Why does this card show 119gb in my galaxy tab e and not the whole 128gb?

asked on September 26, 2017

Showing 1-10 of 12 answers

128,000,000,000 ÷ (1024×1024×1024) = ~ 119 GB
Luvamazon
· November 12, 2017
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Storage companies define 1GB as 1000MB, while software define 1GB as 1024MB (which is correct). Consider this a marketing trick,- your phone shows you correct info.
basicTech
Seller · September 26, 2017
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Memory is sold with the idea that 1KB is 1000 bytes. So for marketing, 128GB = 128,000,000,000 bytes. When your device reads the card, it reads 1KB as 1024 bytes. 1GB to your device equals 1,073,741,824 bytes. So we take the 128GB the card advertises and divide it by how the device defines 1GB. 128,000,000,000 ÷ 1,073,741,824 = ~119.21
Brian
· June 15, 2018
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Formatting takes up data storage. The correct size of the card is 128GB. you lose storage space after the formatting process. It has nothing to do with marketing tricks. Its the same with formatting a hard drive.
G. M. Amash
· August 14, 2018
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MB = megabyte = (power of 10)
MiB = mebibyte = (power of 2 - a.k.a. binary)
see more
MB = megabyte = (power of 10)
MiB = mebibyte = (power of 2 - a.k.a. binary)

1GB = 1000 ^ 3
1GiB = 1024 ^ 3 = 2 ^ 30

Review IEEE 1541 issued in 2002.

Linux Kernel has used IEC prefix since 2001.

Long history in the timeline of binary prefixes.

Maybe less a marketing ploy and more unintentional ambiguity.

Thanks to Bruce Barrow for shedding some light 1997 (A Lesson in Megabytes):
https://thierry-lequeu.fr/data/PELS/Comm/Publications/Newsletter/9704/STORY18.HTML

Wolfram agrees that "MB = 1024 ^ 2" is deprecated in favor of MiB:
http://mathworld.wolfram.com/Megabyte.html

b = (b)it = bit
B = (B)yte
kb = (k)ilo(b)it = kbit
kB = (k)ilo(B)yte
Kib = (K)ebi(b)it = Kibit
KiB = (K)ebi(B)yte
Mb = (M)ega(b)it = Mbit
MB = (M)ega(B)yte
Mib = (M)eb(i)(b)it = Mibit
MiB = (M)eb(i)(B)yte
etc. see less
MB = megabyte = (power of 10)
MiB = mebibyte = (power of 2 - a.k.a. binary)

1GB = 1000 ^ 3
1GiB = 1024 ^ 3 = 2 ^ 30

Review IEEE 1541 issued in 2002.

Linux Kernel has used IEC prefix since 2001.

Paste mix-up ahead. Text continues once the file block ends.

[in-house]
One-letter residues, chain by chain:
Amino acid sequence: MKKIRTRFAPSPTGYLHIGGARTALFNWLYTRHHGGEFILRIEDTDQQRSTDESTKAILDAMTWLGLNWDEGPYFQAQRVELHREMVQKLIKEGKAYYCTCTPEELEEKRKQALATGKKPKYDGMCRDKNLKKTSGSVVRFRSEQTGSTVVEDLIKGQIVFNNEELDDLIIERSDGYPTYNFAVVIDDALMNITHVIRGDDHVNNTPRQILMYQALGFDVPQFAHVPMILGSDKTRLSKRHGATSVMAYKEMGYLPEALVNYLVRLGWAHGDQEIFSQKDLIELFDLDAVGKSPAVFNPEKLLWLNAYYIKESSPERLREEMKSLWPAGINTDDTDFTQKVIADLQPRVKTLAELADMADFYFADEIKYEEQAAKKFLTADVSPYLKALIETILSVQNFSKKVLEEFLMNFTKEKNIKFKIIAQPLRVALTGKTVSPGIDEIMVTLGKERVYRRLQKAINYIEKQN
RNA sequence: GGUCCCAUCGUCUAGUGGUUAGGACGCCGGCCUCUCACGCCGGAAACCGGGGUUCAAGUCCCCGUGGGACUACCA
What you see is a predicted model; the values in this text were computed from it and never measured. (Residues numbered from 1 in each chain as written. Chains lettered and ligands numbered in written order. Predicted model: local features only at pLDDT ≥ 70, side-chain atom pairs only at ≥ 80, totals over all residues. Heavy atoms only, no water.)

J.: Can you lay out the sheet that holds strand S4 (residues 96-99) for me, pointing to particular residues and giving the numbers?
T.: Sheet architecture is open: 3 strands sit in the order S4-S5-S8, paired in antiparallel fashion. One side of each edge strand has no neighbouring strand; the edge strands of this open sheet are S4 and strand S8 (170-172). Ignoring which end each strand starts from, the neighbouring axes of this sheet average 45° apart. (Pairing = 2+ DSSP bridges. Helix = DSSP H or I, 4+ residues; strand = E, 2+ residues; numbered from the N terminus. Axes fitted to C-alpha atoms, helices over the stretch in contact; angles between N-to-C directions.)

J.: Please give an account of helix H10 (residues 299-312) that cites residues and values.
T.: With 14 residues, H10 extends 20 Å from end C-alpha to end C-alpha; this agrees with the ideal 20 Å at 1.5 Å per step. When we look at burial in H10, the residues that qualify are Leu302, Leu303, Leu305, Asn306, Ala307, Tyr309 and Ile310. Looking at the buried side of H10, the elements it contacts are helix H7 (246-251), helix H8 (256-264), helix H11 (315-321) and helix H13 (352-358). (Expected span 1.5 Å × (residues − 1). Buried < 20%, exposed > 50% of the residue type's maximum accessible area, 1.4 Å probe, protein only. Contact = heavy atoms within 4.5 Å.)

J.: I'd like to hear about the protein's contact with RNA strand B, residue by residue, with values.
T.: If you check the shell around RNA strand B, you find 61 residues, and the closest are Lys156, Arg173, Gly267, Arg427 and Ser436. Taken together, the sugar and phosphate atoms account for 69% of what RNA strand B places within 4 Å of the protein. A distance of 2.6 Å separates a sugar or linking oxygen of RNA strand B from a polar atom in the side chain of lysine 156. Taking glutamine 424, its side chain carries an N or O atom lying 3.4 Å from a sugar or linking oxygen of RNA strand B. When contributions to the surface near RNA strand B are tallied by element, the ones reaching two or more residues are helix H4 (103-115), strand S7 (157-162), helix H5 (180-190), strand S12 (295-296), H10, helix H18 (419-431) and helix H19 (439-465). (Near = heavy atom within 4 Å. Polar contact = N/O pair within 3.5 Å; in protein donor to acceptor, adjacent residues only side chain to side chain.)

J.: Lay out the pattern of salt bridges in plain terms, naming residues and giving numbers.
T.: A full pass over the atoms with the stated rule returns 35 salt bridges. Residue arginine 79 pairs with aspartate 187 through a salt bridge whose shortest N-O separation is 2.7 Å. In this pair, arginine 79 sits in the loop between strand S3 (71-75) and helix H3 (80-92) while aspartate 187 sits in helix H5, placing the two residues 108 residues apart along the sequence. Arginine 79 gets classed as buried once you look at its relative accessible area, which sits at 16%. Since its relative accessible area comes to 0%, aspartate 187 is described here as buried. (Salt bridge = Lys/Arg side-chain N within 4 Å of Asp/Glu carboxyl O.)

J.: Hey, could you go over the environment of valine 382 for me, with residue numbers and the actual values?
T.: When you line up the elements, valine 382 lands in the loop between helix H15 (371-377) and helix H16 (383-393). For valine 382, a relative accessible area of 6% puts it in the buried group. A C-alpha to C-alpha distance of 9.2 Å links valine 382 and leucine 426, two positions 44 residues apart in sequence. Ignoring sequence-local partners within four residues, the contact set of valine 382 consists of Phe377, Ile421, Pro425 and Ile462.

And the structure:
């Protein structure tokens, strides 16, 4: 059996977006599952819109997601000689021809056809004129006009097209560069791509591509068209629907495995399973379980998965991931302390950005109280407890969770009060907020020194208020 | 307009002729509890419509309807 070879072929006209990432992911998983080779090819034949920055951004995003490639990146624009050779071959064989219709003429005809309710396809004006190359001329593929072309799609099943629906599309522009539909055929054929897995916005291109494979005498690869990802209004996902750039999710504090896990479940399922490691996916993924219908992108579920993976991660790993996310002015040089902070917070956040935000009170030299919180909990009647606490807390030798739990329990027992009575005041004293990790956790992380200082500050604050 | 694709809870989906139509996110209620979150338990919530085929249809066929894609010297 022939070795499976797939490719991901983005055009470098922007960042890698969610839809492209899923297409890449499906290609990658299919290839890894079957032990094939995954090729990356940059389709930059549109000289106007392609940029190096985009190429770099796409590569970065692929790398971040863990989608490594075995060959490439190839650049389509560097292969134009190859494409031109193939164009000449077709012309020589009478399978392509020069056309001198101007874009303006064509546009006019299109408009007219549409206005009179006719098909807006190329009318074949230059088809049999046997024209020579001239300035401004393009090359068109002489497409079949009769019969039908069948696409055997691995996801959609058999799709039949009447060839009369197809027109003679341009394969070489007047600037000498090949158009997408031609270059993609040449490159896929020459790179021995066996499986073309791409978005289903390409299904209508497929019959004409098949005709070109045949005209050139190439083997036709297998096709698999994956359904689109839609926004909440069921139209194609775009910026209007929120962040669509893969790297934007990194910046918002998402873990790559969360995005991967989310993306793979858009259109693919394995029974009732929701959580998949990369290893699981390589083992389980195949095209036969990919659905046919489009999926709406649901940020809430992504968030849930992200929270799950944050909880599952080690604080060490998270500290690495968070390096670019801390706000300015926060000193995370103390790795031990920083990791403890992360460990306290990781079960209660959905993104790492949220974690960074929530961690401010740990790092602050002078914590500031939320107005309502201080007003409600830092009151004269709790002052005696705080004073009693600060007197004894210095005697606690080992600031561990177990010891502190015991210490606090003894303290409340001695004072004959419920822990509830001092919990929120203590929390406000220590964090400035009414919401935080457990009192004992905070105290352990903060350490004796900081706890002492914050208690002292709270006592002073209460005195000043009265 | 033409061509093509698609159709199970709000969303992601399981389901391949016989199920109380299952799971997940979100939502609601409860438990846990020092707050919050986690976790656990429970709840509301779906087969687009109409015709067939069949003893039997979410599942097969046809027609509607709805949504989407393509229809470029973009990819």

Long history in the timeline of binary prefixes.

Maybe less a marketing ploy and more unintentional ambiguity.

Thanks to Bruce Barrow for shedding some light 1997 (A Lesson in Megabytes):
https://thierry-lequeu.fr/data/PELS/Comm/Publications/Newsletter/9704/STORY18.HTML

Wolfram agrees that "MB = 1024 ^ 2" is deprecated in favor of MiB:
http://mathworld.wolfram.com/Megabyte.html

b = (b)it = bit
B = (B)yte
kb = (k)ilo(b)it = kbit
kB = (k)ilo(B)yte
Kib = (K)ebi(b)it = Kibit
KiB = (K)ebi(B)yte
Mb = (M)ega(b)it = Mbit
MB = (M)ega(B)yte
Mib = (M)eb(i)(b)it = Mibit
MiB = (M)eb(i)(B)yte
etc.

page2pagepro
· December 18, 2018
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The reason is NOT because bad math... the REASON it shows as having less available memory is because it requires roughly 8-10% of the storage device's memory to create what's called the File Allocation Table, which tells the device the card is plugged into where at in the storage the data is locate. It's a type of reference table. This is true for EVERY type of electronic storage, from SSDs and HDDs to Micro SDs and Flash drives
ken walker
· June 29, 2019
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Although I could give you an extremely technical answer, I will provide a general description along with an analogy that everyone should be able to understand. Your Galaxy device is showing you the space available for you to use, not necessarily the total space on the device. The SD card is essentially a solid state di… see more Although I could give you an extremely technical answer, I will provide a general description along with an analogy that everyone should be able to understand. Your Galaxy device is showing you the space available for you to use, not necessarily the total space on the device. The SD card is essentially a solid state disk drive, and disks must be partitioned to organize the data stored on them. By analogy, think of your bedroom dresser. You don't really get to use all the space inside because some of it is taken up by hardware, rails, drawers, framing, etc. that makes the dresser useful for organizing, finding, and accessing things stored in the dresser. see less Although I could give you an extremely technical answer, I will provide a general description along with an analogy that everyone should be able to understand. Your Galaxy device is showing you the space available for you to use, not necessarily the total space on the device. The SD card is essentially a solid state disk drive, and disks must be partitioned to organize the data stored on them. By analogy, think of your bedroom dresser. You don't really get to use all the space inside because some of it is taken up by hardware, rails, drawers, framing, etc. that makes the dresser useful for organizing, finding, and accessing things stored in the dresser.
Jeff
· September 6, 2019
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Buy... Obey.....
Amazon Customer
· March 26, 2019
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SSDs often have a small amount allocated for over-provisioning which improves performance and endurance.
Me
· January 26, 2019
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Hey the the reason why is because most all devices require anywhere from 8 to 10 gbs for internal use
Carlton G
· December 19, 2018
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